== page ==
It has been months since I last wrote a post on ‘book art’ but regular readers of this blog might remember my cover illustration posts on Madam, Will You Talk?, Wildfire at Midnight and Thunder on the Right. These are posts that I really enjoyed putting together and it was great to chat about your favourite illustrations – and I loved being sent photos of some of your own book covers to share on the blog!

So today I am writing a similar post on Nine Coaches Waiting, Mary Stewart’s fourth published novel, looking at the range of cover art in which the novel has been clothed since its first appearance in 1958. For clarity, I am writing this post using my own photos of the books that I own therefore this book art does not cover all editions released and it is UK-centric.

1958, Hodder & Stoughton, UK first edition: This is the last of the Mary Stewart first editions to be illustrated by Eleanor Poore. Does anyone have any information on just who this illustrator is/was? I’m not a huge fan of this cover although the enormous sign ‘VIN’ is quite amusing – and is the figure beside the sign wearing a sombrero or the world’s largest spectacles? The back cover comprises many quotes in small print praising Mary Stewart’s earlier books, topped by the heading ‘MARY STEWART writes well and she writes to excite’ but the dust jacket’s best feature for me is that there is a small author photograph on the inner back cover (photographer not known).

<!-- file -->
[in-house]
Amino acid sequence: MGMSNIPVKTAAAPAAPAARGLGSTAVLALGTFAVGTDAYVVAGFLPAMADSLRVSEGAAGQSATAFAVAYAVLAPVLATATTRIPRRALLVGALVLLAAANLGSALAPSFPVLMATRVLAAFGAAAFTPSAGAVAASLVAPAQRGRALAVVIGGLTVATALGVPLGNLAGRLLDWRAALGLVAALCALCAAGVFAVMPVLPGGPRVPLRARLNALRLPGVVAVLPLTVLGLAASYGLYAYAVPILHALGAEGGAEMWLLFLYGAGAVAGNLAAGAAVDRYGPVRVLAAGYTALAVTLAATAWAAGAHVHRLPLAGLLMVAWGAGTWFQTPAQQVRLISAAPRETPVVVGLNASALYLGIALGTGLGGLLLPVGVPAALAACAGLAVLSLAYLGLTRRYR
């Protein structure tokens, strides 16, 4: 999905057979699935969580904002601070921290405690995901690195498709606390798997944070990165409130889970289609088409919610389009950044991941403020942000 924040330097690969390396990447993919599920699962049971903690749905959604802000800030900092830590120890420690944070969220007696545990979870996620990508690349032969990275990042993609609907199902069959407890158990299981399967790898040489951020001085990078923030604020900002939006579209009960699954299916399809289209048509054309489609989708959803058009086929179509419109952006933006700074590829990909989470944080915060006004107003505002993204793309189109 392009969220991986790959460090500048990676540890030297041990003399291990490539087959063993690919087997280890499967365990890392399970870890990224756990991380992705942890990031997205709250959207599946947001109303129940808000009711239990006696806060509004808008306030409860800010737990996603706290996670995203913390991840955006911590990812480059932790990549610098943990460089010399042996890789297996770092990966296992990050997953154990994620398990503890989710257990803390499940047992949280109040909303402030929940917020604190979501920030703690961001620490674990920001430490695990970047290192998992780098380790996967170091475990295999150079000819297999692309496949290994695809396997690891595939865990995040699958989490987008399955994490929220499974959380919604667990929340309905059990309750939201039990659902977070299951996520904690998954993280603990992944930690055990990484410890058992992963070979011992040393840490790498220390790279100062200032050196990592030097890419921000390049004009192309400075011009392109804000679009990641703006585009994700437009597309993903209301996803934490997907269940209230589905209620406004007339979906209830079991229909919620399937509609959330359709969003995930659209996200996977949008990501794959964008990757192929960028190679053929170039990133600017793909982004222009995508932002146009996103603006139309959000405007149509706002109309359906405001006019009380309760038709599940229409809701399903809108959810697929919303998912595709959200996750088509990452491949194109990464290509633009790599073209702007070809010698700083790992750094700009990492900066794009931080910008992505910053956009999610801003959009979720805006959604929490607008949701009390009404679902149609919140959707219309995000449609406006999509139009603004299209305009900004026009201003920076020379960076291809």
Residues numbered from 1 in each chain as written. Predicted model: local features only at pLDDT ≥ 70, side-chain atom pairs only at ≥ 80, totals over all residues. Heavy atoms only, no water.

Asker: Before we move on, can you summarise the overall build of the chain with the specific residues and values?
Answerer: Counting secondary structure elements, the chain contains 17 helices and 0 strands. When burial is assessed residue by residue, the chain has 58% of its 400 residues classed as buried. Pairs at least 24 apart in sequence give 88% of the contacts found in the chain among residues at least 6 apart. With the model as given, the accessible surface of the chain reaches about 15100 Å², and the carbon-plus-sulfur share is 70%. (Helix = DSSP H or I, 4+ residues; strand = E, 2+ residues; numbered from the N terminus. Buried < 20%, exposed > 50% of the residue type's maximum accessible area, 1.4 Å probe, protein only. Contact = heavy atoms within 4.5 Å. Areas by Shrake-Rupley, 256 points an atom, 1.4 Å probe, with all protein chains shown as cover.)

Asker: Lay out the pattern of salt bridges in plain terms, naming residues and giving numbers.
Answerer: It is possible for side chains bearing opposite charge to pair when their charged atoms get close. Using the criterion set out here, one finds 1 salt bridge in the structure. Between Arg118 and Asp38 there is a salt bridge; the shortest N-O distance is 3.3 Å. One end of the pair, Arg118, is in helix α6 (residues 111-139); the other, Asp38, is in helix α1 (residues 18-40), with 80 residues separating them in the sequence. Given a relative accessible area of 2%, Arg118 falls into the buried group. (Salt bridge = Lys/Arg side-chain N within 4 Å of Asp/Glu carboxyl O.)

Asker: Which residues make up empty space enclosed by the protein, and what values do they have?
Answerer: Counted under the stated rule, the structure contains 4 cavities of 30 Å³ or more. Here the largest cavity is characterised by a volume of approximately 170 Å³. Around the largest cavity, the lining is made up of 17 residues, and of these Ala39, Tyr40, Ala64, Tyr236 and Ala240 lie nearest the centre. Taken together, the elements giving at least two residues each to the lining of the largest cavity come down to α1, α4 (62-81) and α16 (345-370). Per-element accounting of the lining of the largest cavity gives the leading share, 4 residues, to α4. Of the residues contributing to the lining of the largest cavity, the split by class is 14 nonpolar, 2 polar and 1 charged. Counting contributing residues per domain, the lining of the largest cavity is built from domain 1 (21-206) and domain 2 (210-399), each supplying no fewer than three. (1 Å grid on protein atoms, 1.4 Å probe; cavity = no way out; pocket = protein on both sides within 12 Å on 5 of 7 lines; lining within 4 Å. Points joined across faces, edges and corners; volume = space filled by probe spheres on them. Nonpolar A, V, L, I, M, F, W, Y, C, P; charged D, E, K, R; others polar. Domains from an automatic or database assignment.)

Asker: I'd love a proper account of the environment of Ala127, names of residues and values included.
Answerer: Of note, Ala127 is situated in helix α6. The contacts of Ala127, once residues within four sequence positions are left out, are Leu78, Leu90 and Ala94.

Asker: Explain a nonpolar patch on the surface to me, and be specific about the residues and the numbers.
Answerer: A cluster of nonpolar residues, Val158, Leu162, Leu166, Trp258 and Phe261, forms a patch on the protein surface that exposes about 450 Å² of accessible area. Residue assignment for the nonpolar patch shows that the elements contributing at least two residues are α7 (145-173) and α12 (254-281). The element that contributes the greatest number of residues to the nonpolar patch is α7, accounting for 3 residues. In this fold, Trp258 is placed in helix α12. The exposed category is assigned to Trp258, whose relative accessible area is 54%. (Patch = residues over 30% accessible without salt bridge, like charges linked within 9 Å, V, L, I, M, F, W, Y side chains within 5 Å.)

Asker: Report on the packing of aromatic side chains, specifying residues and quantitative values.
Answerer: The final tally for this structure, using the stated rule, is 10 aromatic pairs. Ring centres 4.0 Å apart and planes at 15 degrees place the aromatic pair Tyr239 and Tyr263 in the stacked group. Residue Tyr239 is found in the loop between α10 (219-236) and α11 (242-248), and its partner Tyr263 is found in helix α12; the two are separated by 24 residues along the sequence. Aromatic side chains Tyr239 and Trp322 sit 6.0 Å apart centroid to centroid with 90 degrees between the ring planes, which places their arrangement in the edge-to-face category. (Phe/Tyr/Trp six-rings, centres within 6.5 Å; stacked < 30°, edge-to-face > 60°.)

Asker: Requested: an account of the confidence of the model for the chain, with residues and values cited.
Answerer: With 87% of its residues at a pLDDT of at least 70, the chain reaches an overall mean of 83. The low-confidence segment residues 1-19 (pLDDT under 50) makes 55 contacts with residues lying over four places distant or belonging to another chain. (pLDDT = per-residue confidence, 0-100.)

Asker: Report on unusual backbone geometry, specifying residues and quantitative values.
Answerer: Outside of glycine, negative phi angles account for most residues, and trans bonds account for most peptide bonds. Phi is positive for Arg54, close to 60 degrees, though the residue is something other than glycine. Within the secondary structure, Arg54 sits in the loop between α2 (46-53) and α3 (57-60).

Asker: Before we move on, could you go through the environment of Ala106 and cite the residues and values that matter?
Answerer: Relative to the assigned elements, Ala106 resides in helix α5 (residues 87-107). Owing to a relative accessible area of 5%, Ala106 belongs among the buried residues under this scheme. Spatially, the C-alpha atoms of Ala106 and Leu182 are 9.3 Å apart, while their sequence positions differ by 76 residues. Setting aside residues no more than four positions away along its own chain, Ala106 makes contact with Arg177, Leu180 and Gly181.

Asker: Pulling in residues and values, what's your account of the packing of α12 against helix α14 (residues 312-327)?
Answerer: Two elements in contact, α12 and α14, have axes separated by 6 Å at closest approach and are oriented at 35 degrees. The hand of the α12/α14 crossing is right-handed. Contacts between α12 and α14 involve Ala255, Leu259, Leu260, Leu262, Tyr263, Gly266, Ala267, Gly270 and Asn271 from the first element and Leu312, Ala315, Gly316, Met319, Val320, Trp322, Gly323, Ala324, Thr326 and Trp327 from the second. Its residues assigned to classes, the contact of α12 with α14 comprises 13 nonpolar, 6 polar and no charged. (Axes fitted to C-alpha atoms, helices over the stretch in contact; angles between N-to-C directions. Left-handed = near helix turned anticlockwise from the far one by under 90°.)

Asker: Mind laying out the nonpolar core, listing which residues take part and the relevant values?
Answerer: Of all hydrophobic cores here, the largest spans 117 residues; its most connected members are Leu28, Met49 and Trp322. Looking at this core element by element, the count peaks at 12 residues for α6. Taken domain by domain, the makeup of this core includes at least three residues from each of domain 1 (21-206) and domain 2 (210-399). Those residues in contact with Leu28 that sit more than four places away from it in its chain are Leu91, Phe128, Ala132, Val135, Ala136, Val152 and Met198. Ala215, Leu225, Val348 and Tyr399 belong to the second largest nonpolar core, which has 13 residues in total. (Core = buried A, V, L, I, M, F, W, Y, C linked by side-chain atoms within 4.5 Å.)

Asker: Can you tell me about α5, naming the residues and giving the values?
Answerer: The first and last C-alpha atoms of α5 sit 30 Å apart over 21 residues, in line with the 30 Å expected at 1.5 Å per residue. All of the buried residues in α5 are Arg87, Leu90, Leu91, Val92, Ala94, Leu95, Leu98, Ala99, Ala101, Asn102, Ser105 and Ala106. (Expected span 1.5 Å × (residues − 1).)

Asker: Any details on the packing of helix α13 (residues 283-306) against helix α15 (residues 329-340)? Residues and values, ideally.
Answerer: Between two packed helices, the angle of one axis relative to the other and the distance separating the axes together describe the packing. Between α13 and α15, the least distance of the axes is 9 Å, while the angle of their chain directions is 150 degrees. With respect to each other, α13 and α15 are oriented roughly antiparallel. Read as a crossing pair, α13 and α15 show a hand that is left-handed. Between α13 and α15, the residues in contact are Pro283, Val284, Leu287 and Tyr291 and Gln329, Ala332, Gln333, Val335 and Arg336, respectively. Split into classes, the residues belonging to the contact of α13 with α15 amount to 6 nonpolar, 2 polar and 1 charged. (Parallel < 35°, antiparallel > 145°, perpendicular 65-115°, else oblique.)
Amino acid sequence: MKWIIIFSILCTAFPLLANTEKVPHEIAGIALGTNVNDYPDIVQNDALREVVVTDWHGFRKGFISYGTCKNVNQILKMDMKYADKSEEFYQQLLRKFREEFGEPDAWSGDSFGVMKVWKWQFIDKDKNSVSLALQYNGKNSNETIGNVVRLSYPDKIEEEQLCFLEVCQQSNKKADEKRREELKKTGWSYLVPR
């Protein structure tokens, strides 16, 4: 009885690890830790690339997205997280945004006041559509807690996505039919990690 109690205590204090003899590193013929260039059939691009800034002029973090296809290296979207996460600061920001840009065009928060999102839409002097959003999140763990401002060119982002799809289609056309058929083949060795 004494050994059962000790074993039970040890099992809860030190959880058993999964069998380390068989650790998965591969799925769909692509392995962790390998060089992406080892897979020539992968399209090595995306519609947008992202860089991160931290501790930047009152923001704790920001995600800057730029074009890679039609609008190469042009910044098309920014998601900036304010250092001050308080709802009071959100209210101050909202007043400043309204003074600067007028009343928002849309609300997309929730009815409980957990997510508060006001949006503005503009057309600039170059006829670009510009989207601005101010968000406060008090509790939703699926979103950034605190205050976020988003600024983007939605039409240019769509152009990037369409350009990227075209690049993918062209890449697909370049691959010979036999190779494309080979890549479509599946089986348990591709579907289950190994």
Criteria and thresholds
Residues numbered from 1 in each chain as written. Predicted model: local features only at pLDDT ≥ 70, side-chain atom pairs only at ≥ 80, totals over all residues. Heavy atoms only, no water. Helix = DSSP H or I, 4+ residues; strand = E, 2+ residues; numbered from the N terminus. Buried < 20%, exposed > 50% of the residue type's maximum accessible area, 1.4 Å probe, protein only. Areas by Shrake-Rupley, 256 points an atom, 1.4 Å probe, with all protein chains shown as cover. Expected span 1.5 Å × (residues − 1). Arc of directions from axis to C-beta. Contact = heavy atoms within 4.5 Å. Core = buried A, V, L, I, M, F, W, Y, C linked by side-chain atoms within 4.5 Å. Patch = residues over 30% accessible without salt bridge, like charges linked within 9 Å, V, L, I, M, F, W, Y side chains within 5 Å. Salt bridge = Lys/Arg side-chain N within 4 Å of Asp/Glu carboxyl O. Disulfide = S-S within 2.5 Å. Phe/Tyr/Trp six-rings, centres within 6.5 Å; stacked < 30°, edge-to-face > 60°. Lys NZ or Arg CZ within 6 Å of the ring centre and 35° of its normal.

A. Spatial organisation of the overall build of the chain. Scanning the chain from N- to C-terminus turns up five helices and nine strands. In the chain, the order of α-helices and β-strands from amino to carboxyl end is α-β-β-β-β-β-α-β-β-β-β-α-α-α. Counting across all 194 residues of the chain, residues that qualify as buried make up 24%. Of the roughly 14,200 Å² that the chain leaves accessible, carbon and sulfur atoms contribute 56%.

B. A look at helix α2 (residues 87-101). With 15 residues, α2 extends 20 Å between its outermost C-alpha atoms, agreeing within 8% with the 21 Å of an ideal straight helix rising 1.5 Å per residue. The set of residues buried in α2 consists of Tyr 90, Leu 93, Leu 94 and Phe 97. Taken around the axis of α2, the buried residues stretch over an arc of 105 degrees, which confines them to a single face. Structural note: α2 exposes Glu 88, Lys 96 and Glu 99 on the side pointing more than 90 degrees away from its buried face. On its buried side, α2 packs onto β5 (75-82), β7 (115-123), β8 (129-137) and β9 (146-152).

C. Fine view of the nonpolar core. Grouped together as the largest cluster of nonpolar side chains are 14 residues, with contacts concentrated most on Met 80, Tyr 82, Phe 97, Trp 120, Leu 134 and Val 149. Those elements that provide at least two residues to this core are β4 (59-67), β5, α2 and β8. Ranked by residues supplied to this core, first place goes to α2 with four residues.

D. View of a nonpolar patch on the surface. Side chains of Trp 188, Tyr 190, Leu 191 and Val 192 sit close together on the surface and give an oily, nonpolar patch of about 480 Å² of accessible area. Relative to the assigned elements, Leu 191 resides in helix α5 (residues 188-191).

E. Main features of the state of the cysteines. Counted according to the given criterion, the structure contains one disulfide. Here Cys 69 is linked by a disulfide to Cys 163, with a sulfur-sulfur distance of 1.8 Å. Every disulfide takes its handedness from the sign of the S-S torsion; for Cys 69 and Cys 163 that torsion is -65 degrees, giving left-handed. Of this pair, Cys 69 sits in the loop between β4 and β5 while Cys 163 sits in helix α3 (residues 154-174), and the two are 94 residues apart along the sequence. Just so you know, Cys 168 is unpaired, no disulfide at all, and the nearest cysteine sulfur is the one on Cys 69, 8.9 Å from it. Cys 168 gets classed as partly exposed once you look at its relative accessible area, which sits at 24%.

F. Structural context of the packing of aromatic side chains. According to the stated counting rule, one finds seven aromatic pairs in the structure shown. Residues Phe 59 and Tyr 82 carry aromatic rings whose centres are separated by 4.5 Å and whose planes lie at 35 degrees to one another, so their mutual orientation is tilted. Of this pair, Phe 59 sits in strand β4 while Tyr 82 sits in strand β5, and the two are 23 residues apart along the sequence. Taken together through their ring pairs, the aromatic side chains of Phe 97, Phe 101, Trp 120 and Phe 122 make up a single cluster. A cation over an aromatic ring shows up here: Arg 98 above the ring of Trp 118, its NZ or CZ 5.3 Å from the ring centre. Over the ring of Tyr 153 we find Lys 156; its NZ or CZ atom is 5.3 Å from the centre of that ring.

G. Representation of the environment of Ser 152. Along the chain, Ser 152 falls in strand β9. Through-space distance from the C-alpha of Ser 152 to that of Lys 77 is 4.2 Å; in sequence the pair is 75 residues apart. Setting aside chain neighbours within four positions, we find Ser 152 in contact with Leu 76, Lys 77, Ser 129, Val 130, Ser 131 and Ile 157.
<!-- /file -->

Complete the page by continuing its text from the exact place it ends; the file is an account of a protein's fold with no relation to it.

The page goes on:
1961, Hodder paperback: I can never quite decide who Linda reminds me of here – Jane Wyman perhaps? And the Chateau de Valmy may be lurking menacingly in the corner but we all know that this illustration is dominated by Philippe’s hat: worn to the very back of the head, with that enormous pom pom, so red, and so incongruously wintry with a summer T-shirt!

Nine Coaches Waiting, Hodder pb, 1961. Illustr NK


1964, Hodder paperback: I like this edition. I think Linda might be sporting a pinafore dress, which seems to me spot on for the 60s and for teaching types, plus she has fab 60s hair and her stance shows she is protective of young Philippe. But it is the house that grabs attention because it looks so sinister – the light in three of the windows underlines how dark most of the house is, and there is definitely something creepy about the green tinge to the house and its surroundings. But no, I don’t know why anyone would choose that vicious shade of yellow with that thick black font…

Nine Coaches Waiting, Hodder pb 1964. Illustr NK